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The Camera As A Reporter - Motion Picture History

By HERBERT E. HANCOCK
Director-General of News Film

TWO hundred years ago there were three Estates, the Clergy, the Nobility, and the rest of us. Then Edmund Burke, the great British statesman, found a Fourth in the Press Gallery of the House of Commons. If he were alive today he would create a Fifth Estate, and would designate screen reporters as its members.

Filming A Flight circa 1920

Publishers' Photo Service
FILMING A FLIGHT

The worn-out saying, absolutely incorrect, that "The Motion Picture industry is in its infancy," can be applied with more truth to the News Reel which, however;', rapidly approaching a state of adolescence. The wrong-doer of today dreads the searching lens of the camera even more than the vitriolic pencil point of the reporter, while the hero and the publicity seeker vigorously dust off the "Welcome" on the door-mat at the approach of both.

The News Reel cameramen of today are few in numbers. There are not more than two thousand in the United States and Canada. It takes a man of unique type to become enough of a cameraman to make a good living. A News Reel producer employs very few cameramen on salary.

Only in the big cities does he have to keep them on salary. The others are free-lance operators, known to the craft as "field men." These men get paid for the film that is accepted by, the News Reel editor. If it is rejected, the film is a dead loss to them.

There is no harder line of work in the world than that of a News Reel cameraman. Unlike the reporter who carries with him a few scraps of paper and a pencil, the cameraman lugs an outfit weighing anywhere from 30 to 60 pounds which, in many cases, has to be set up, threaded, and focused with lightning speed.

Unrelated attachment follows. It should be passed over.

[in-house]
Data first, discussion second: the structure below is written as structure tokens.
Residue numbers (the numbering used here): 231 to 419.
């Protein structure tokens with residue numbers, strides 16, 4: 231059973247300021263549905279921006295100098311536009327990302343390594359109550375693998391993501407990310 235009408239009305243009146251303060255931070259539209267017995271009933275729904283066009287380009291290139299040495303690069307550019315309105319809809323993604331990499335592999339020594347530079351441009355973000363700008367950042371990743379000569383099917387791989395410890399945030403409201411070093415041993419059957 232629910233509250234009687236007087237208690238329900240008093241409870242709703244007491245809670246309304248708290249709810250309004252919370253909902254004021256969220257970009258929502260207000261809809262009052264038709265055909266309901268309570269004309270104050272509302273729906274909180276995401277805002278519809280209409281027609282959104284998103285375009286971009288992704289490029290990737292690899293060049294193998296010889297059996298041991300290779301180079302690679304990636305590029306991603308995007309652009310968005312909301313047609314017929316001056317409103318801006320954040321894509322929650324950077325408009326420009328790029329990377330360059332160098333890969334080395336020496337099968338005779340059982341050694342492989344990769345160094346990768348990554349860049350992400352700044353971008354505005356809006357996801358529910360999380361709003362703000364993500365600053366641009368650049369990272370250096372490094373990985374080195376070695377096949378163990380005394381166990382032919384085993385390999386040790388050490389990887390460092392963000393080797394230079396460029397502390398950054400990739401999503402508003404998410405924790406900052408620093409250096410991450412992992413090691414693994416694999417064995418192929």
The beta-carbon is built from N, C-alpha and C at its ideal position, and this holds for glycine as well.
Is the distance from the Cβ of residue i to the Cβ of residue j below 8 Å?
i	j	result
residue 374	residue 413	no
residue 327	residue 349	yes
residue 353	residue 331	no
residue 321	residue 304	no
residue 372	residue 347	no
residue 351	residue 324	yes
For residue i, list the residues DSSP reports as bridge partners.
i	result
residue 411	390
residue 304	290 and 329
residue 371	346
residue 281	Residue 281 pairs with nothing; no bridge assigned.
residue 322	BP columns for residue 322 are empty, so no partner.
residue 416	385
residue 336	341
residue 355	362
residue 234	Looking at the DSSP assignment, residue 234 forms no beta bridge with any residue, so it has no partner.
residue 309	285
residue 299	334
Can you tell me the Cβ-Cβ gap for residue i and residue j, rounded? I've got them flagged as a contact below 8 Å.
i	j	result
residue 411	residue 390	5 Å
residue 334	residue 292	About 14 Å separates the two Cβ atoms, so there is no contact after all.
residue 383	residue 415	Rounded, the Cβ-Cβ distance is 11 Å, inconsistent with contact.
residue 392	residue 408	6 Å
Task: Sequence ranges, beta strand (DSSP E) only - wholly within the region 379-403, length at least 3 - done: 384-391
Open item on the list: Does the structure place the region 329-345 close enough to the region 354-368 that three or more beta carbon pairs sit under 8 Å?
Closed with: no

He must understand photography down to the 'nth degree. He must be somewhat of a director. He must be able to read the mind of his editor to a certain extent so as to get the most interesting news angles possible. And he must be essentially a diplomat. Also, when the occasion arises, he must take his life in his hands. A man that has earned the degree, "First-Class," is not only a good photographer, but a man all the way through.

At first thought it appears amazing that so many strive for this position in life, with such a hard road ahead to travel. The reason is that NewsReel work demands the creation of something. A man is put upon his mettle, and a real man likes that. Perhaps the most alluring part of it all, however, is the power that his work gives him.

The news camera is a powerful weapon to be used for either right or wrong. Whereas a newspaper lives for not more than forty-eight hours, a News Reel's life is reckoned at about ninety days. Thousands of eyes see the newspaper article; millions of eyes see the current events picture on the screen.

Frequently, as in my own case, the director of a screen weekly is an ex-newspaper man. He must know, above all, what kind of news will appeal to the multitude. He assigns his local staff to cover events just as an editor does.

I prophesy that within a few years the News Reel will dominate the field as the public megaphone. The day will come when it will speak with the voice of the nation. As soon as its power is understood, it will be recognized as the most potent representative of the Motion Picture industry.

Source: THE MENTOR, Volume 9, Number 6, July 1, 1921, Page 32

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